Wednesday, September 9, 2009

Defending the Smart Choices Program

(First of two parts)

In response to the firestorm created by
For Your Health, Froot Loops,” The New York Times article discussed here yesterday, I phoned Kim Metcalfe, a Senior Vice President at Weber Shandwick, a global public relations firm. Metcalfe is the spokesperson for the Smart Choices Program.

Metcalfe voiced concern that Eileen Kennedy, the dean of the Friedman School of Nutrition Science and Policy at Tufts University, was misrepresented by the story’s author, William Neuman, despite spending more than two hours on the phone with Neuman.

(True or not, Kennedy needs to explain her statement, “You’re rushing around, you’re trying to think about healthy eating for your kids and you have a choice between a doughnut and a cereal. So Froot Loops is a better choice.”

The Friedman School's public relations department would not discuss Kennedy's quote and said that Kennedy was unavailable for comment.)

Metcalfe said the Smart Choices Program is a work in progress and that the Food and Drug Administration was kept abreast of the group’s doings over the last three years.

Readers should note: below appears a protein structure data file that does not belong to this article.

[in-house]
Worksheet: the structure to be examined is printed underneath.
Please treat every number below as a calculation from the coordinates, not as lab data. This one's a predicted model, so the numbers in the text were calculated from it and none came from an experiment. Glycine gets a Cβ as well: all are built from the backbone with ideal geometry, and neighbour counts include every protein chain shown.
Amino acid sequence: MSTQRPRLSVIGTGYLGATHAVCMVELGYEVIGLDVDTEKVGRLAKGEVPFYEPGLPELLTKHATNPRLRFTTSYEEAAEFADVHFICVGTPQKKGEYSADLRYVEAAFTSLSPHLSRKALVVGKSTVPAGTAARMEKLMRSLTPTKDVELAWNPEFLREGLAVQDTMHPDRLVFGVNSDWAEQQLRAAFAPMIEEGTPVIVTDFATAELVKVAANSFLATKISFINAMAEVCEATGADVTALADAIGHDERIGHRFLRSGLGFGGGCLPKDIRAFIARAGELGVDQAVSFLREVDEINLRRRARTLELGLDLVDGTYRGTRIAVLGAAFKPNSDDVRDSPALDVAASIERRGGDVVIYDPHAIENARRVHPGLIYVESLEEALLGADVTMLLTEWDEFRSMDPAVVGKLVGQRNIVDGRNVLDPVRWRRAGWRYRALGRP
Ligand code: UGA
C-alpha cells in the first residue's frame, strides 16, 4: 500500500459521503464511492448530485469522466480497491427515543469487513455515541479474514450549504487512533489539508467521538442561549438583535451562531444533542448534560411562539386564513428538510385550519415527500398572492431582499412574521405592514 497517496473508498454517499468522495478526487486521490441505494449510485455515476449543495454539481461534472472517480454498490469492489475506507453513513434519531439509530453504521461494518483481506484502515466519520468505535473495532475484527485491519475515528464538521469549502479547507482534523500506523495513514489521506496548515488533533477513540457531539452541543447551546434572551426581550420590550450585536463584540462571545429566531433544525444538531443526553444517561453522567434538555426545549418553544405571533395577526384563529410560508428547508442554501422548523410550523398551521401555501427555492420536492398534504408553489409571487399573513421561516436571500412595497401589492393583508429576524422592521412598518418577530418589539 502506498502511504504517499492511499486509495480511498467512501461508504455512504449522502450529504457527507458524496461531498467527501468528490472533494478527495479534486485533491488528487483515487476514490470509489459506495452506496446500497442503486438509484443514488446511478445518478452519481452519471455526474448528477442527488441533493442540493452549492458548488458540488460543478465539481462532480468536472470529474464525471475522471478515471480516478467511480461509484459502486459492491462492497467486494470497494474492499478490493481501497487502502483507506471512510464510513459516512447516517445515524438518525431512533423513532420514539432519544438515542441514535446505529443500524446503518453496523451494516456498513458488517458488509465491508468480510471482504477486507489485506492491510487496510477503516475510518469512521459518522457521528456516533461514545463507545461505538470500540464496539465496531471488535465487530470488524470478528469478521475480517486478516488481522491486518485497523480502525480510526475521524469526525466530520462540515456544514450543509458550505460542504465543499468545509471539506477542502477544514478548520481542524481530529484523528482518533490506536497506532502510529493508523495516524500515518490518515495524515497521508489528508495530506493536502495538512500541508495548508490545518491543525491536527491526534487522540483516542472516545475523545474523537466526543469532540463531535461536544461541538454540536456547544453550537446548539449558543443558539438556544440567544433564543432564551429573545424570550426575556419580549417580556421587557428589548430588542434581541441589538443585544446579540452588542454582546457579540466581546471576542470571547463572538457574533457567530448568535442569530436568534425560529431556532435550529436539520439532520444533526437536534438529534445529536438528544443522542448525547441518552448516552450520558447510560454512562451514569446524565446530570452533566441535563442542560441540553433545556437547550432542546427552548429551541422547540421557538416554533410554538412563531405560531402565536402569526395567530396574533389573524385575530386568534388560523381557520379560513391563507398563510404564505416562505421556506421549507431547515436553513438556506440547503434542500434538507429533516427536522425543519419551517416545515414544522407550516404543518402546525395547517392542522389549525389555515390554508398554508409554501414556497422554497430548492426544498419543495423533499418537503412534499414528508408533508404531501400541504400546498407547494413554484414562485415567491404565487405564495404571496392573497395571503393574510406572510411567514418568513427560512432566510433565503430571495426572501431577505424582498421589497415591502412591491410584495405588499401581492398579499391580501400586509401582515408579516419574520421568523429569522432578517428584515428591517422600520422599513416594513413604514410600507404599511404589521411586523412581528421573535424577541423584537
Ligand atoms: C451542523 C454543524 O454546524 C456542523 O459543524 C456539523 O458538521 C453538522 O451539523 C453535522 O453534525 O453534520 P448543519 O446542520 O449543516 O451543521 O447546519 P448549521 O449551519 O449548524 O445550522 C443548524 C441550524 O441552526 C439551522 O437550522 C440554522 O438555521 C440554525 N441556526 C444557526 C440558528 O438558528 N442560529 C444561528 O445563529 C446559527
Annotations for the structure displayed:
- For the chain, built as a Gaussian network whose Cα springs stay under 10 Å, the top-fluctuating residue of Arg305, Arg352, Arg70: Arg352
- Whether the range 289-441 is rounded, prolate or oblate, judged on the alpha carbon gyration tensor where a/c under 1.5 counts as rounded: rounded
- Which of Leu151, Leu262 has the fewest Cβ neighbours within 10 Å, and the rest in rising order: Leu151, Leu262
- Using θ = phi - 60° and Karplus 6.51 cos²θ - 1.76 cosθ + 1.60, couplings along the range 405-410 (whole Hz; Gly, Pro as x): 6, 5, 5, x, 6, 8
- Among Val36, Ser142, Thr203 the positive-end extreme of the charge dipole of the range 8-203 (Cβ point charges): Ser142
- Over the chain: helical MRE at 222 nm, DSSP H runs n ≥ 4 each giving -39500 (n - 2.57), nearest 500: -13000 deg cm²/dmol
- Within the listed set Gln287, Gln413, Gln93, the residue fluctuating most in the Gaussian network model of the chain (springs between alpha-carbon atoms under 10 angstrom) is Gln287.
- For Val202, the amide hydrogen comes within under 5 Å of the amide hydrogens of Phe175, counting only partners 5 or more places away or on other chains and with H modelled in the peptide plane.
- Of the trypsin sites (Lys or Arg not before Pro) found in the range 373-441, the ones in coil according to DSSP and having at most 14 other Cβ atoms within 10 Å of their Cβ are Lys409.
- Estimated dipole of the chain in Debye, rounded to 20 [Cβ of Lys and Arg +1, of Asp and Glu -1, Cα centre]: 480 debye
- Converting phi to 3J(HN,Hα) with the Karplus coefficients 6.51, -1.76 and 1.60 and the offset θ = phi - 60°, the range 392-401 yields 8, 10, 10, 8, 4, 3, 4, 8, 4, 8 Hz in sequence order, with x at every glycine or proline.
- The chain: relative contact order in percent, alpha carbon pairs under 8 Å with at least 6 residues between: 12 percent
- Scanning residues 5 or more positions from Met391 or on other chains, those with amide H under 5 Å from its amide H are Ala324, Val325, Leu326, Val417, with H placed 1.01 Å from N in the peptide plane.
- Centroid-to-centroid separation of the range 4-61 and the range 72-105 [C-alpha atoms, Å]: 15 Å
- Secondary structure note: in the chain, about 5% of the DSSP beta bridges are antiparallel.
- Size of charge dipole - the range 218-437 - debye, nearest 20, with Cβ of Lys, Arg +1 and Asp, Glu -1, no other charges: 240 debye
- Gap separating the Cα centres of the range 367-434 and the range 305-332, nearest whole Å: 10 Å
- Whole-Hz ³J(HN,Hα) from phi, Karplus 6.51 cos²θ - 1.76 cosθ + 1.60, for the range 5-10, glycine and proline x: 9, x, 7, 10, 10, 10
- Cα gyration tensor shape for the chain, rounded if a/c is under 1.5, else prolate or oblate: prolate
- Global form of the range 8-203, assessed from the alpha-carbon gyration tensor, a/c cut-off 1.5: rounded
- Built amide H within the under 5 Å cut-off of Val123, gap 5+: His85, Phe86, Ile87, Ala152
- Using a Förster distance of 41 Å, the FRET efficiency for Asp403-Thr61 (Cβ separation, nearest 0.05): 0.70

“You can’t make everyone happy,” Metcalfe said, “but the program will get better.”

Metcalfe understood the negative response to the fact that the Smart Choices Program is funded by big food companies and can be construed as an in-house marketing program. But, she said, the products are not given a free pass, as F.D.A. and U.S. Department of Agriculture guidelines are consulted, with the goal of helping shoppers make better decisions.

(Part two tomorrow)

1 comment:

TheChocolatePriestess said...

None of these labels ever excuses a person from reading and understanding the nutritional information as well as basic health and food facts. That should start when you are purchasing food, not when you are rushing around to feed your kids and get everyone out the door in the morning.